Working against corruption is key for enhancing public confidence. Not only does corruption undermines democracy and violates human rights; it reduces trust in society by encouraging ways and means to circumvent rules and regulations. Needless to say, this kind of malpractice has serious implications for governmental revenues the growth of the economy. It creates a vicious cycle that needs to be broken. Establishing a General Secretariat against corruption is key.  Mr. Christou, it is therefore a pleasure to see you here today.


In this context, I would like to draw the attention to the important work of the Ombudsman offices. The Ombudsman represents the interests of the public by investigating and addressing complaints of maladministration or violations of human rights. This is crucial for improved trust and transparency in any society. Mr. Pottakis, I am excited to know that you will participate in today’s consultations, as your experience and insight is truly valuable to us. Today, I hope we can identify possible ways to empower your staff and improve the Ombudsman’s infrastructure in order to increase its capacity.


Another priority to ensure societal cohesiveness is to develop a sufficient capacity to manage and adapt to the accelerating change of scientific and technological innovations. Today digitalized technology is the prime driver of development, including the economy and its value creation. We can today see clear signs of societal structures failing to keep pace with the rate of change. By the time we get used to the change, that won’t even be the prevailing change any more – we’ll be on to some new change. To meet this challenge, we have to think out of the box.


Norway is a small, open economy that throughout history has been dependent on international trade and strong relationships with the outer world. In a rapidly changing environment, Norway needs to adapt to changing circumstances in order to survive. We see digitalization as a key ingredient in modernization. We also see digitalization as a key ingredient in maintaining people’s trust in our Government, our public sector, and our political system.


We are therefore very excited about the efforts made in Greece to enhance e-Government. Digitalisation of the public sector involves using technology to renew, simplify and enhance. It is about providing new and better public services - services that are easy to use, efficient and accountable. Digitalisation stimulates value creation and innovation, increases productivity in both the private and the public sector.


Norway is according to the EU’s own index, Europe’s second most digitised country. We strive to keep up with the global developments and are even forerunners in some fields, like our banking system and our fiscal digital solutions. I want to draw your attention to one innovation that has made a major difference in the relationship between citizens and authorities:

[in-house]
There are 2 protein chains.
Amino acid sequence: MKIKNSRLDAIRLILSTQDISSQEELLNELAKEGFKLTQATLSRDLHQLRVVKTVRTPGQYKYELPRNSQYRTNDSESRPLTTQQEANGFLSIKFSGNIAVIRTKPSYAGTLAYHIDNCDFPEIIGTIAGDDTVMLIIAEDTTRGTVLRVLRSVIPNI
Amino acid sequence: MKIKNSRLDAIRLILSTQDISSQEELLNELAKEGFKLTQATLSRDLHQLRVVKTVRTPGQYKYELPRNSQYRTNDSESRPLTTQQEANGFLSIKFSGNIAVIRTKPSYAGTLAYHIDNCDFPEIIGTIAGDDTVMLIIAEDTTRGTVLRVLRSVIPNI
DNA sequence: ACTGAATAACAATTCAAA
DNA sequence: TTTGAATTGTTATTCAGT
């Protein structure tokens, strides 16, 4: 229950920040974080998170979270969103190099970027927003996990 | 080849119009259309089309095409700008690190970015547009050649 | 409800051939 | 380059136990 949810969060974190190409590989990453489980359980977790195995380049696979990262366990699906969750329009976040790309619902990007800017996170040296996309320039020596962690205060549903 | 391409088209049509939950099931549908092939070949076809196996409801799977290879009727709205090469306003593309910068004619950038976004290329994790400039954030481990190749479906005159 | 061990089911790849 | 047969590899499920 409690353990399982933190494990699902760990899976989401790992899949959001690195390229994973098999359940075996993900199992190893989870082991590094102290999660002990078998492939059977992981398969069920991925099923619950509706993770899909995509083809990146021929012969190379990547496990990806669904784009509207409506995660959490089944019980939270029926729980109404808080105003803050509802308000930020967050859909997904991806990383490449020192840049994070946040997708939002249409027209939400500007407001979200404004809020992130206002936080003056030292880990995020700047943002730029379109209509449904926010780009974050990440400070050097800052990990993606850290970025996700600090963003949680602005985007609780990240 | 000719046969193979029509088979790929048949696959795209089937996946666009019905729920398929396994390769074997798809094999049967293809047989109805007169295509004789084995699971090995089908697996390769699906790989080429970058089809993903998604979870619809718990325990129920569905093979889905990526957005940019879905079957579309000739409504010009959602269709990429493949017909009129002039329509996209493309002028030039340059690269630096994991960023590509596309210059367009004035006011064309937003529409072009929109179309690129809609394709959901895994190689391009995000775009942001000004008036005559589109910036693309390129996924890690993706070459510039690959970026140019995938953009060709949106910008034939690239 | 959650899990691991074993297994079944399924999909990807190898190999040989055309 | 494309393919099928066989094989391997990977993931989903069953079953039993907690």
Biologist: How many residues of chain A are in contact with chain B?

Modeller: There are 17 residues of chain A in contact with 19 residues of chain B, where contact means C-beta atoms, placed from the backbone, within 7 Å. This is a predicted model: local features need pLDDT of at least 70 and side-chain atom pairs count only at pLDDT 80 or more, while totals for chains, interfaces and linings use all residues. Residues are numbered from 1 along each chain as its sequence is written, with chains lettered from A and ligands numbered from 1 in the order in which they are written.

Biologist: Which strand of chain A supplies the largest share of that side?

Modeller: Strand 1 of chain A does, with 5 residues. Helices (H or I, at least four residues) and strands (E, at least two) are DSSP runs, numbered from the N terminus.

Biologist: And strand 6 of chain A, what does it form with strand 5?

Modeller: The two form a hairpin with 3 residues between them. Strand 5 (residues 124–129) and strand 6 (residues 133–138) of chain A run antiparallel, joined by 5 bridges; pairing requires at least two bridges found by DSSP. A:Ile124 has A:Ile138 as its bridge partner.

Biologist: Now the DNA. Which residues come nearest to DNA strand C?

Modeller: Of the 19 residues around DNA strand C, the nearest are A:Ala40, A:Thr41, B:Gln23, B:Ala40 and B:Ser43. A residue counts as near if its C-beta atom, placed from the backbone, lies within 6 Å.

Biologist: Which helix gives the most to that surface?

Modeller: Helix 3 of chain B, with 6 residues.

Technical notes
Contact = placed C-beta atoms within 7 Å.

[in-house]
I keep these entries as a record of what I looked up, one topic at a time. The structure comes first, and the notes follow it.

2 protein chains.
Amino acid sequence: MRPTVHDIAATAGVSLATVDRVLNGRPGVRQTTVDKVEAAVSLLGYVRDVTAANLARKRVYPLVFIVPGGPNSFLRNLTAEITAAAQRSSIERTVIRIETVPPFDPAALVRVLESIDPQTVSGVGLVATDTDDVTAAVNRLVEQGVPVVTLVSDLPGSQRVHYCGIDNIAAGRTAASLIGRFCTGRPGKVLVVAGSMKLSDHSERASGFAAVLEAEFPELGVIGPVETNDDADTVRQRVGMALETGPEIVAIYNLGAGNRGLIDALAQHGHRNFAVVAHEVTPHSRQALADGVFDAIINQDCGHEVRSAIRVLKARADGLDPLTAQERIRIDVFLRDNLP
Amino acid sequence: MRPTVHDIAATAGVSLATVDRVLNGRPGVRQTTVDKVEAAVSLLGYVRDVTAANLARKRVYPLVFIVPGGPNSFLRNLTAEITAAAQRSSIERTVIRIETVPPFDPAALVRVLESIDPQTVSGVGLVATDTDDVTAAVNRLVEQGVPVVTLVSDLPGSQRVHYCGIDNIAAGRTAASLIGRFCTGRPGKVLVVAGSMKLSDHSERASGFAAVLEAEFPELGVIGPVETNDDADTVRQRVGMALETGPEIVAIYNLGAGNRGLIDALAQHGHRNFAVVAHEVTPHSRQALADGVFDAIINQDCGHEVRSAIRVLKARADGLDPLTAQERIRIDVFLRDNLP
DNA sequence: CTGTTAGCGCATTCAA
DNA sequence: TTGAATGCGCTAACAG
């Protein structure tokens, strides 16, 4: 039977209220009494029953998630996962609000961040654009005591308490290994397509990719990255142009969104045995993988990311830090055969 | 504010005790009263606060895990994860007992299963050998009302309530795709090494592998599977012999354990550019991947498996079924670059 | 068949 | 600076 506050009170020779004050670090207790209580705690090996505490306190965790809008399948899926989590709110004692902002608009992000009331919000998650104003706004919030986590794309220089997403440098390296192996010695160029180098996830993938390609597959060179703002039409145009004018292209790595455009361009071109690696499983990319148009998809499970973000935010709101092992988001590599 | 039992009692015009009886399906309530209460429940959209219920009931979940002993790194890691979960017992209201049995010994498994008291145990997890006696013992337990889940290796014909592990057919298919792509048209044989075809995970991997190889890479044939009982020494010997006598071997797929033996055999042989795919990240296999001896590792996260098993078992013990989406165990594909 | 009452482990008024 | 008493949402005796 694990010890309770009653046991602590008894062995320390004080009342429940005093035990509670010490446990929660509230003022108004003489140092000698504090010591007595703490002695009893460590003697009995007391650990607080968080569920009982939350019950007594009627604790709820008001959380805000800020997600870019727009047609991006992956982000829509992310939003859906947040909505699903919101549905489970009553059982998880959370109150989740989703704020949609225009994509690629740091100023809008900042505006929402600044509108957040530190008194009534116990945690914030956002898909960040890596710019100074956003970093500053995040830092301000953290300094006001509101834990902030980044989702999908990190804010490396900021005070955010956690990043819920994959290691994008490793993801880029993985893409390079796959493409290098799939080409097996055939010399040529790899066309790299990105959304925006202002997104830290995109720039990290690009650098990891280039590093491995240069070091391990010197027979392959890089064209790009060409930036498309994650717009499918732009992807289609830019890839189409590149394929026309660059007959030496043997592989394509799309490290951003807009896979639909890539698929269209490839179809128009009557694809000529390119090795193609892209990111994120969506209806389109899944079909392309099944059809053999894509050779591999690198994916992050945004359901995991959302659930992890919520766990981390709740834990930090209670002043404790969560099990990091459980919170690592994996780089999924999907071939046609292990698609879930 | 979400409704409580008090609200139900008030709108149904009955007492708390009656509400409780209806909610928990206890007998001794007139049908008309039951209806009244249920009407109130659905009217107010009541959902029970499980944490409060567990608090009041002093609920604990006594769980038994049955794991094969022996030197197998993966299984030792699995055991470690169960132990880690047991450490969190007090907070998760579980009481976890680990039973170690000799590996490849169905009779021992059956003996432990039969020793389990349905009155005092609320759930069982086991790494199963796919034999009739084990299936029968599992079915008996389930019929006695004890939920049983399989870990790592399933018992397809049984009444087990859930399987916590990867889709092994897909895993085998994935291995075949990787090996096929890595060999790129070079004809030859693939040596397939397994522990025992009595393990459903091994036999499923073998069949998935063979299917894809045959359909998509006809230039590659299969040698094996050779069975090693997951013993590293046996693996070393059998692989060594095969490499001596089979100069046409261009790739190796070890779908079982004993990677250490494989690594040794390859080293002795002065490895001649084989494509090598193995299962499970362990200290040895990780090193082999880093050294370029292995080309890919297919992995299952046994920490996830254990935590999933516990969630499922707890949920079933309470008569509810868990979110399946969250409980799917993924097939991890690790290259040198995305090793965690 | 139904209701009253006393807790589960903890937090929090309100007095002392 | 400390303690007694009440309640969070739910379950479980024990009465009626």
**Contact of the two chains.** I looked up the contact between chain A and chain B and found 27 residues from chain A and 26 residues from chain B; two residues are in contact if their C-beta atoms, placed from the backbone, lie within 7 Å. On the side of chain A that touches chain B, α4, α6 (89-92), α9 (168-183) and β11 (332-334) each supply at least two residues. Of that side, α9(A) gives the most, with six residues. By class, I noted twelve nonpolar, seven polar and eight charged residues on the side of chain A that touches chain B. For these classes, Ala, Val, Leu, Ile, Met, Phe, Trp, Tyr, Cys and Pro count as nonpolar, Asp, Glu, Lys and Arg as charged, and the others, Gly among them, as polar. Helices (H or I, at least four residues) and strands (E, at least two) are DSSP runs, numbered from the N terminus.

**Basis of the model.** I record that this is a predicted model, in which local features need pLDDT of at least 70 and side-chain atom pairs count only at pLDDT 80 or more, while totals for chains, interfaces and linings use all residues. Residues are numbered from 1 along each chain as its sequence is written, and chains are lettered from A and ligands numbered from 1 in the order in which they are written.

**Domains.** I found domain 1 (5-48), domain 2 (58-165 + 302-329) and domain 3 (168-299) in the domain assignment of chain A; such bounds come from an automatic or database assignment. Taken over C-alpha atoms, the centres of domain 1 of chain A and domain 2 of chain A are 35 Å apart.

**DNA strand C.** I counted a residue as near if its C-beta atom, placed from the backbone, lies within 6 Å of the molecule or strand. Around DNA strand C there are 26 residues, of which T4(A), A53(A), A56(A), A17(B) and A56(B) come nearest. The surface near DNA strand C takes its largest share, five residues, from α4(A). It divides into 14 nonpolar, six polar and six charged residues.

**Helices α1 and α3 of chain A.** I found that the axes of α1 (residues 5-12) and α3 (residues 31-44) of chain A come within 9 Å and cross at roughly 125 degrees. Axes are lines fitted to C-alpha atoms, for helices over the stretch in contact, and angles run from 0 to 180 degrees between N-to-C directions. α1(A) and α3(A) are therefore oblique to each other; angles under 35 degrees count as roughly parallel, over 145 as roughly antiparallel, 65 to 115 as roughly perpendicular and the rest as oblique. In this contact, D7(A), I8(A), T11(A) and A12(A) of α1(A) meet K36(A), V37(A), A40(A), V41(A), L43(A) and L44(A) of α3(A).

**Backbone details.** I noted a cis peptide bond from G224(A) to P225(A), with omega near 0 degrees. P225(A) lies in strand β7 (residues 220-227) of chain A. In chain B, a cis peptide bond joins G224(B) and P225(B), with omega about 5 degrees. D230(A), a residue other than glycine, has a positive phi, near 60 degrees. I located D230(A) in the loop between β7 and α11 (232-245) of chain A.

The comprehensive digital platform Altinn.


Altinn is a web portal for electronic communication between citizens, businesses, organizations, institutions and

Governmental bodies and agencies. A common platform has been developed for effective cross-cutting and integrated communication; the communication flow has been accelerated and become highly effective, and all kind of relevant information sources have been much more structured and accessible. Altinn frees valuable work capacity, so that less time is used for paperwork. It avoids overlapping information, thus reducing the administrative burden for the employers. An not to forget, an extra gain of this grand project on digitized adaption has been its user friendliness.



Another example is the online mailbox digipost, a digital mailbox used for safe communication between private individuals and private or public enterprises, which reduces postage cost and the usage of paper – a win-win scenario for the society, enterprises, public bodies and the environment.


As for the public sector in Greece, you have already made some interesting headway in the implementation digital systems. A major one is electronic tax return forms, which has both simplified tax reporting, but also ensured a larger tax payment compliance. Take also the example of e-prescriptions. This provides accountability and contributes to reducing corruption.  I know that Ministry of Administrative Reconstruction has currently a wide range of projects underway to strengthen e-government, and Norway is most excited to learn about the Ministry’s interest for our Altinn platform.


To sum up, with this programme – we are hoping to be able to help to contribute to meet some of the challenges we have already described: To reduce bureaucratic hurdles and delays, make the societal communication much more effective, ease the access to relevant information, and fight corruption in all its forms. Being successful in this, I am sure that you will also succeed in installing increased public confidence in your key institutions.


In closing, I will urge you all to be creative and inventive in our discussions today. Make sure that synergies are created, and that all relevant aspects of the potential for good governance, accountable institutions and transparency are being considered.


Thank you for your attention